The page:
En Bloc Feulgen Staining

In many instances, it is easier to do the Feulgen reaction for DNA with tissue fragments [e.g., a lobe of the larval fat body (25,30,31) or a whole-organ sample such as a pair of larval salivary glands (25)] and then disperse individual cells and nuclei after their staining en bloc for the DNA (see Note 7). Individual Malpighian tubules (25,33) and ovarioles (20,21,62,63) (see Chapter 6) or testes (2,25), for example, are very well suited for DNA staining prior to their squashing to obtain banded polytene chromosomes (17,20), single egg chambers (21) (see Chapter 6) or individual sperm (2).

3.4.1. Procedure

The staining procedure is much the same as that listed above, but the duration of the steps has to be adjusted to provide enough time for diffusion of materials in and out of the tissue and the exchange of the Schiff's reagent through the barriers imposed by multicellular tissue layers. To avoid nonspecific staining, it is particularly useful to double the number of the bisulfite rinses after completion of the Feulgen staining step. Rinse small tissue pieces in at least three 5-min changes of bisulfite water before rinsing the tissues in deionized water before moving to a final water rinse of 2-4 h in the refrigerator to remove any excess SO2. If there is residual sulfite in the tissue, it will effectively bleach the magenta Feulgen-DNA complex and the preparation will fade with time.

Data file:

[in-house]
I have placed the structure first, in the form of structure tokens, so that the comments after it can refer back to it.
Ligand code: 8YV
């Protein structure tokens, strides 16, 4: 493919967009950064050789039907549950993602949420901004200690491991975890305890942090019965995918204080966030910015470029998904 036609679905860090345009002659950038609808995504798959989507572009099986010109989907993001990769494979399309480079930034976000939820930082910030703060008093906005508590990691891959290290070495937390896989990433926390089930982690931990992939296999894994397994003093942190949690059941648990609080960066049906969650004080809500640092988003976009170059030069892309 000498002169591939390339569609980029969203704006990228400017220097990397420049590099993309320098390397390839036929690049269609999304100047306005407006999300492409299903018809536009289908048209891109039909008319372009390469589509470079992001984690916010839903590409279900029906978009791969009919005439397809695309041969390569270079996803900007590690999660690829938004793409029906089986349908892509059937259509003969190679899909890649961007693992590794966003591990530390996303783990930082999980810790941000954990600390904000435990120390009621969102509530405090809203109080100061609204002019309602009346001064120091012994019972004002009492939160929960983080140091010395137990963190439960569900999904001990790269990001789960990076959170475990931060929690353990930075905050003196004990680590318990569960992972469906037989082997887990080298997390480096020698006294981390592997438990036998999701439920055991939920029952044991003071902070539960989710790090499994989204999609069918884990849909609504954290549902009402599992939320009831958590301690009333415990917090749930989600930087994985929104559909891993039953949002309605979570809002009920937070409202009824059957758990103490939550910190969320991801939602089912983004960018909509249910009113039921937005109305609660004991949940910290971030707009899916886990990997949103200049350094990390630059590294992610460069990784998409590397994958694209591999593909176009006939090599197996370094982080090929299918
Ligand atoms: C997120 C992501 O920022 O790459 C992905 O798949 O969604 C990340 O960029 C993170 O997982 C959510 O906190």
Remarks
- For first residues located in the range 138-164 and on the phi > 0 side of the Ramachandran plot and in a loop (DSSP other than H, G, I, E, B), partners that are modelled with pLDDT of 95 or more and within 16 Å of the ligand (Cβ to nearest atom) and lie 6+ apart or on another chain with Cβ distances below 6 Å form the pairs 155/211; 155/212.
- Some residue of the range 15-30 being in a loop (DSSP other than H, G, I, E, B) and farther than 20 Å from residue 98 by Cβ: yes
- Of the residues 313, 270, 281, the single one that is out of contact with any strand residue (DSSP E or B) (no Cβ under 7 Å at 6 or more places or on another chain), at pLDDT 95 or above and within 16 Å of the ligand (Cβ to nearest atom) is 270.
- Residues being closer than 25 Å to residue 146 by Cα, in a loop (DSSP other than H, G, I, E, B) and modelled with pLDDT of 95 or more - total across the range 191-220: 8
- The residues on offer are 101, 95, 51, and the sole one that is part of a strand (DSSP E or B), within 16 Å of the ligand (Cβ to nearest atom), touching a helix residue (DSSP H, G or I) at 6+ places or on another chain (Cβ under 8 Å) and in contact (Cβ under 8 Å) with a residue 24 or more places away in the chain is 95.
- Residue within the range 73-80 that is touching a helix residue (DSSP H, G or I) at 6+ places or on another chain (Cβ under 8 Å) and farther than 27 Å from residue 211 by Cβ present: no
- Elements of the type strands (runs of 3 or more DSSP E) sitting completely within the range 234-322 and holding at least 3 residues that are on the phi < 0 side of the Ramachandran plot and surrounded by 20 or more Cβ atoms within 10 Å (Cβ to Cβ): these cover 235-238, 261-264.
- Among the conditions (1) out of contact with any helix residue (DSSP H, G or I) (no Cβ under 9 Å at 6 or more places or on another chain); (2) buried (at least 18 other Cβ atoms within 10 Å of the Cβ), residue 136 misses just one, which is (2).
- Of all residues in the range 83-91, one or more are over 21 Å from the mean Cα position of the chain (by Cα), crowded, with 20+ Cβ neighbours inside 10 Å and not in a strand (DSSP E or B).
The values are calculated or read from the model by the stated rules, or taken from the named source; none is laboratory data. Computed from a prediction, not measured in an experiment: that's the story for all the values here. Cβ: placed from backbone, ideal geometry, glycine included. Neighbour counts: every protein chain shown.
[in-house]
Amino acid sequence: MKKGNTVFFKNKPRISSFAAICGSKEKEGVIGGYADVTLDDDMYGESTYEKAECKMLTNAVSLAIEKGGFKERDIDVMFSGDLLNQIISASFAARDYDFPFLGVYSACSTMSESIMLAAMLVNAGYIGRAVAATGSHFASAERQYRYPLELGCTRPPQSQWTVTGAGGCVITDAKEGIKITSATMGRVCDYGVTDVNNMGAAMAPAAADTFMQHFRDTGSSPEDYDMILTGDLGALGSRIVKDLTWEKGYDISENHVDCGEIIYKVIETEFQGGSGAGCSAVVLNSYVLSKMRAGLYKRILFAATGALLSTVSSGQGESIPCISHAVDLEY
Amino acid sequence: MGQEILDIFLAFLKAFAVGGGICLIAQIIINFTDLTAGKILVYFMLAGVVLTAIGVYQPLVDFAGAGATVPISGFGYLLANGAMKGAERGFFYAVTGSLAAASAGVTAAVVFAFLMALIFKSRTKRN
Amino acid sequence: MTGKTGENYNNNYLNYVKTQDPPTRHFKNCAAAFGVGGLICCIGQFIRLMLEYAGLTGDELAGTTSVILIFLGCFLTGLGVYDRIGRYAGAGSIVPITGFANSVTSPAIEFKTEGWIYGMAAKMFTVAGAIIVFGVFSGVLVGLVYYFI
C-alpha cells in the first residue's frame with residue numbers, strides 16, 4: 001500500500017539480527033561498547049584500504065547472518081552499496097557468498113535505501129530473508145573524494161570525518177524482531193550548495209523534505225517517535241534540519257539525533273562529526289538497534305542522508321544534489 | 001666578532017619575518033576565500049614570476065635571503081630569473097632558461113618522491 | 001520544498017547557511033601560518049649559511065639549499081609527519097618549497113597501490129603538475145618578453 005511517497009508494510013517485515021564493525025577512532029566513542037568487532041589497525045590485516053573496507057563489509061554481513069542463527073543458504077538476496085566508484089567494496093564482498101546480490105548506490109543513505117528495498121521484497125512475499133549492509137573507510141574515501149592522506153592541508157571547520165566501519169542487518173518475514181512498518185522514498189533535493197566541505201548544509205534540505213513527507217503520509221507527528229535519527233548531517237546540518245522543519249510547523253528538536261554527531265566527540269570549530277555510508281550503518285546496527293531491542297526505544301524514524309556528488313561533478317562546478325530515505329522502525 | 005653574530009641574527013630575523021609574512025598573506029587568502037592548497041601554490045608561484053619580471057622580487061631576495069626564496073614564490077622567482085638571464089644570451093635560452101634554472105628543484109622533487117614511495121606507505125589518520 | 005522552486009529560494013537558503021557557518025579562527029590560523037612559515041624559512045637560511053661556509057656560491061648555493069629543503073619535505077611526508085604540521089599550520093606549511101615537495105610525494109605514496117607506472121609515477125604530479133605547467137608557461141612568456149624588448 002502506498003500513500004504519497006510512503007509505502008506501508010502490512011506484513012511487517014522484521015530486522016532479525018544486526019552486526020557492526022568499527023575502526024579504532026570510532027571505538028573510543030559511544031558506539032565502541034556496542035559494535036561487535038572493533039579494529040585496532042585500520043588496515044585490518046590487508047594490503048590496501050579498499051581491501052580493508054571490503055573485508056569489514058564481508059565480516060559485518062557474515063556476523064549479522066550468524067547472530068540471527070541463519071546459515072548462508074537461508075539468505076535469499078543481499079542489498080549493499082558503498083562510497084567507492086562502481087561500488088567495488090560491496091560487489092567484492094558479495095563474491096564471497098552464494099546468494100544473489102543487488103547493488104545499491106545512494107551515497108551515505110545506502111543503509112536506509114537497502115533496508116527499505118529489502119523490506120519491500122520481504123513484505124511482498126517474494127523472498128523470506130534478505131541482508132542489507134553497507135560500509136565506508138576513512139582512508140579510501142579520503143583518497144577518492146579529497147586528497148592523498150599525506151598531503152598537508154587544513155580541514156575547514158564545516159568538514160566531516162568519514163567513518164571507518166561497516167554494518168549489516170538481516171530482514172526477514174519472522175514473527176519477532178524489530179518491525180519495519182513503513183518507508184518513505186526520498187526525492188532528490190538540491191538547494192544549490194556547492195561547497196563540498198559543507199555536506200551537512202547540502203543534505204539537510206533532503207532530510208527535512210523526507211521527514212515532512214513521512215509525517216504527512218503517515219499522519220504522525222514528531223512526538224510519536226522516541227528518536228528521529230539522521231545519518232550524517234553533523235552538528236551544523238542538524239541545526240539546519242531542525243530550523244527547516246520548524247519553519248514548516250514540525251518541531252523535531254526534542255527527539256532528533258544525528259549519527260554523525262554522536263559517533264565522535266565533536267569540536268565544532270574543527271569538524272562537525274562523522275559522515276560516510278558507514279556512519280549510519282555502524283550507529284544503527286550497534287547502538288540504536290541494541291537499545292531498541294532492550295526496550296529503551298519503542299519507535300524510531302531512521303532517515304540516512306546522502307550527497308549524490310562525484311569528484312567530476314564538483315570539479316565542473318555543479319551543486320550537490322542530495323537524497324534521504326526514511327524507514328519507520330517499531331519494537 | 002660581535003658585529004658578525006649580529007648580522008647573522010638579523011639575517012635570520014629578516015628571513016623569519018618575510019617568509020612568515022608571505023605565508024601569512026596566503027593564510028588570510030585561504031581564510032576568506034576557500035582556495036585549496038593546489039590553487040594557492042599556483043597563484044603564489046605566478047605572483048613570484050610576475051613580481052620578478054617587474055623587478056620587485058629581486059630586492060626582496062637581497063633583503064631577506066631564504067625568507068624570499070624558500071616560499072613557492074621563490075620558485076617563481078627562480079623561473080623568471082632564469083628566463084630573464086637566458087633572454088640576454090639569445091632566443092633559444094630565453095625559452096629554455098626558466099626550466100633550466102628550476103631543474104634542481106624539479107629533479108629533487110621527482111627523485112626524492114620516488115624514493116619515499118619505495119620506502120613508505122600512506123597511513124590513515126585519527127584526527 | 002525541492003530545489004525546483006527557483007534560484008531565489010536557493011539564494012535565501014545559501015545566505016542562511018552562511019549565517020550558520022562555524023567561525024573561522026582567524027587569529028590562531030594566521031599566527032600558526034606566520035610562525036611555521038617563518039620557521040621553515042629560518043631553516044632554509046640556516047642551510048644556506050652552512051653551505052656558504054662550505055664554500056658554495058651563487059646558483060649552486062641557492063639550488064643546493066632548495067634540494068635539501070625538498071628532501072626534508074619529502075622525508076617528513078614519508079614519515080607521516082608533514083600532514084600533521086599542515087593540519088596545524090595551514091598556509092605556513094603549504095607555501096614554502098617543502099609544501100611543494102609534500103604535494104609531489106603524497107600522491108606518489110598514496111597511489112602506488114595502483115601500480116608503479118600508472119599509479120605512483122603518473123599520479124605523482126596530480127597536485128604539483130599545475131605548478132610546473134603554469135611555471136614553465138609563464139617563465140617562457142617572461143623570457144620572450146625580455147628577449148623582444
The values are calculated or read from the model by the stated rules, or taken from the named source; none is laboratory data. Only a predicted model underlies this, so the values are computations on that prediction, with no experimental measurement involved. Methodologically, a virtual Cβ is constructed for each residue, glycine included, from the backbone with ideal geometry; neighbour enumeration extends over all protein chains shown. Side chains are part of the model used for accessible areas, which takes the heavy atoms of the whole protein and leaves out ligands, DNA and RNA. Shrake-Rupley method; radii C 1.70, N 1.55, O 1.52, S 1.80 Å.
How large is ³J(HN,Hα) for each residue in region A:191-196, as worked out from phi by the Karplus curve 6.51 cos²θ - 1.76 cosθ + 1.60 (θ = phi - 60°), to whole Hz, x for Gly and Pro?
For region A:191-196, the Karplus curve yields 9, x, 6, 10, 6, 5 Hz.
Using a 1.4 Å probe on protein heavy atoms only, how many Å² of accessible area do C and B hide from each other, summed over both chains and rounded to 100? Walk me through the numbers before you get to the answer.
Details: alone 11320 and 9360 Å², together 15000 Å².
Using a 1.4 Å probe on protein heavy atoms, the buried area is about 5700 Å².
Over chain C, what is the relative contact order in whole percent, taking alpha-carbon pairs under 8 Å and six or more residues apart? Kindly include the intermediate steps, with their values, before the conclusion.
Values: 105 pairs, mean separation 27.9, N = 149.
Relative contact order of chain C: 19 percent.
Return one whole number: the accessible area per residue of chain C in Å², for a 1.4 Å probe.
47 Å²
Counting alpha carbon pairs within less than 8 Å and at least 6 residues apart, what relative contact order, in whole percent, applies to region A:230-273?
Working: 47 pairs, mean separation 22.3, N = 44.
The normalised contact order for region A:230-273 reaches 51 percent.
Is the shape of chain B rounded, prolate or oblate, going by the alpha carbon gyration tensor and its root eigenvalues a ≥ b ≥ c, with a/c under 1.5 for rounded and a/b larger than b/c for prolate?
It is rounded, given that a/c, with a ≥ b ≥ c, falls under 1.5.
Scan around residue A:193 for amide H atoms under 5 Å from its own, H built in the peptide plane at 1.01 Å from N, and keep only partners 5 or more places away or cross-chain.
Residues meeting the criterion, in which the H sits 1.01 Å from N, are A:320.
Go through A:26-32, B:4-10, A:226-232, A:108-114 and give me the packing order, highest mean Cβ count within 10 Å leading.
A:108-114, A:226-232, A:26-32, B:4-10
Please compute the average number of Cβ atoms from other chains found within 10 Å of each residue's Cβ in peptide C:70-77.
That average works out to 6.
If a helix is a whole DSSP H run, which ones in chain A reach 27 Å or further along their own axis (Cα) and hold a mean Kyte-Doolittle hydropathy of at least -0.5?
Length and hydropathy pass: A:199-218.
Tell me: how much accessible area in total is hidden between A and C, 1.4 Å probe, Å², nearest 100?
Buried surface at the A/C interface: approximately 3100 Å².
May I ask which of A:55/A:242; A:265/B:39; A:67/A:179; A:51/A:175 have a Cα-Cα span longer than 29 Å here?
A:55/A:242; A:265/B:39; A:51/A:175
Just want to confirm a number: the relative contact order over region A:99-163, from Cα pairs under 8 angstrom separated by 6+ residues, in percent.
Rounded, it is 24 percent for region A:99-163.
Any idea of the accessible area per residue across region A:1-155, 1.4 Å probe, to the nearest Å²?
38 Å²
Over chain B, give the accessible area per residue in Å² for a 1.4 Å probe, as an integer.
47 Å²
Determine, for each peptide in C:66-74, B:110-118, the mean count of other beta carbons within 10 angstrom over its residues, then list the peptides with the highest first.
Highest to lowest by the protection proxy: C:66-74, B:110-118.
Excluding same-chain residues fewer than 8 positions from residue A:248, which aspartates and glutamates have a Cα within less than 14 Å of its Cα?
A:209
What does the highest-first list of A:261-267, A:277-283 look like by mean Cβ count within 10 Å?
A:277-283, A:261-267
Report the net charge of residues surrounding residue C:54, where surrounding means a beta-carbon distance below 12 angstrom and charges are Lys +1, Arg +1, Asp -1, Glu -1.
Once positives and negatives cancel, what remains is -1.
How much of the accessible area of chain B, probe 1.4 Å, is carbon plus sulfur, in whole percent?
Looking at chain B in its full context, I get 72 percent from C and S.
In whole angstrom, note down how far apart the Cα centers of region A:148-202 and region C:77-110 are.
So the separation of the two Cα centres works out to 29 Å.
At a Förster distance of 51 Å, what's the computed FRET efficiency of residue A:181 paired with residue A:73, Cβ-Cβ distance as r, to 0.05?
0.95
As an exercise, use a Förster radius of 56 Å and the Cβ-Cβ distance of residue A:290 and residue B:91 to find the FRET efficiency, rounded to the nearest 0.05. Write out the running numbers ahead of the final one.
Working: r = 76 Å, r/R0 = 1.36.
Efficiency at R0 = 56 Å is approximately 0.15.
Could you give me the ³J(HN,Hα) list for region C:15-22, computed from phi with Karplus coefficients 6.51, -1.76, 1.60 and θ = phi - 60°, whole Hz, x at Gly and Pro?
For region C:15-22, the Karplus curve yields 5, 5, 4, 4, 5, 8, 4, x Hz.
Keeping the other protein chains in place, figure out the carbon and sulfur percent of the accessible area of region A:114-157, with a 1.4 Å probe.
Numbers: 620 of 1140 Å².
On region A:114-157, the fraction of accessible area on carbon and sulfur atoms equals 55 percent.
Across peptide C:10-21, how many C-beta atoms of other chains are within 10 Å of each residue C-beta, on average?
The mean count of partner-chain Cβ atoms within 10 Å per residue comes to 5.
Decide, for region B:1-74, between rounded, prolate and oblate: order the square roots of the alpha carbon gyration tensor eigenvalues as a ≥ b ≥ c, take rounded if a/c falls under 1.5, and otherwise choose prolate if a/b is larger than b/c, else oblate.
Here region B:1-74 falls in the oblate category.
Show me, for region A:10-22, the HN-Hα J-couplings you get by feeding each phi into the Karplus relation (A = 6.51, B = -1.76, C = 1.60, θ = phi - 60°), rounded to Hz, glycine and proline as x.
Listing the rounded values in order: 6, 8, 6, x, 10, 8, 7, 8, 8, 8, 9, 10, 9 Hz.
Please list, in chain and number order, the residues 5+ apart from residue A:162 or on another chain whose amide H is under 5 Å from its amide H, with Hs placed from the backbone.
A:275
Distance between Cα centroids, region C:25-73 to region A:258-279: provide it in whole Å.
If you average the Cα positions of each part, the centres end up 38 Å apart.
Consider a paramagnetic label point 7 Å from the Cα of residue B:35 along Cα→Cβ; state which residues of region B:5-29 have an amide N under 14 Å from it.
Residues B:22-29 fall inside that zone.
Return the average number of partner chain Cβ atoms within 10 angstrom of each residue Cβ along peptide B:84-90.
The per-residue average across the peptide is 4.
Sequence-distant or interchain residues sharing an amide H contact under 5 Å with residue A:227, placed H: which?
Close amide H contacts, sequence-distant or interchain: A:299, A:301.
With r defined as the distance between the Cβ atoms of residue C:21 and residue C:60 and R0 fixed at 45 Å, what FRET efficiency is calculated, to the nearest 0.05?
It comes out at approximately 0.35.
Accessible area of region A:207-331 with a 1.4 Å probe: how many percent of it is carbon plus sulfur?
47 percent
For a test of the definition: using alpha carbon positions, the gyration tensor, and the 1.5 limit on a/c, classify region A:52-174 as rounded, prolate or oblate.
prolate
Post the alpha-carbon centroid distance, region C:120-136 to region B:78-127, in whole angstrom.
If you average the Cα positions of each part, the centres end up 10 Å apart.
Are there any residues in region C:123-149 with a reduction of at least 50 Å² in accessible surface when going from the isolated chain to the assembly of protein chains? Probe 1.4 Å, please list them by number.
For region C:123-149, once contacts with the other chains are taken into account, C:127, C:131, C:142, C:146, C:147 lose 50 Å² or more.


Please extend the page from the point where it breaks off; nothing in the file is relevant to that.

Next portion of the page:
3.4.2. Dispersing Feulgen-Stained Tissue

1. Place very small pieces of en bloc-stained tissue on a clean "subbed" glass slide to swell in roughly 400 ||L of 45% acetic acid for 1-2 min.

2. Carefully drain the 45% acetic acid with a small plastic pipet or with a small piece of absorbent paper, taking care not to let the pipet tip or paper touch the tissue.

3. Quickly add a small droplet (200 |L) of fresh 45% acid.

4. Add a 22 x 22-mm2 cover glass and squash the tissue onto the slide using the tips of a fine forceps applied with a repeated tapping motion to crack the cells and allow nuclei to disperse and then be held flat by the forces of capillary action under the cover slip.

5. Complete the squashing process using moderate finger pressure applied only downward to avoid shearing the flattened tissue.

6. Freeze the squashes in liquid nitrogen or between two cakes of dry ice. This allows easy removal of the cover slip from the frozen slide by using the sharp edge of a single-edged razor blade to flip the cover glass upward and off the frozen slide.

7. Thaw the still-frozen slide in two changes of absolute ethanol and allow to air-dry for storage in the dark until mounted in refractive index liquids for measuring.

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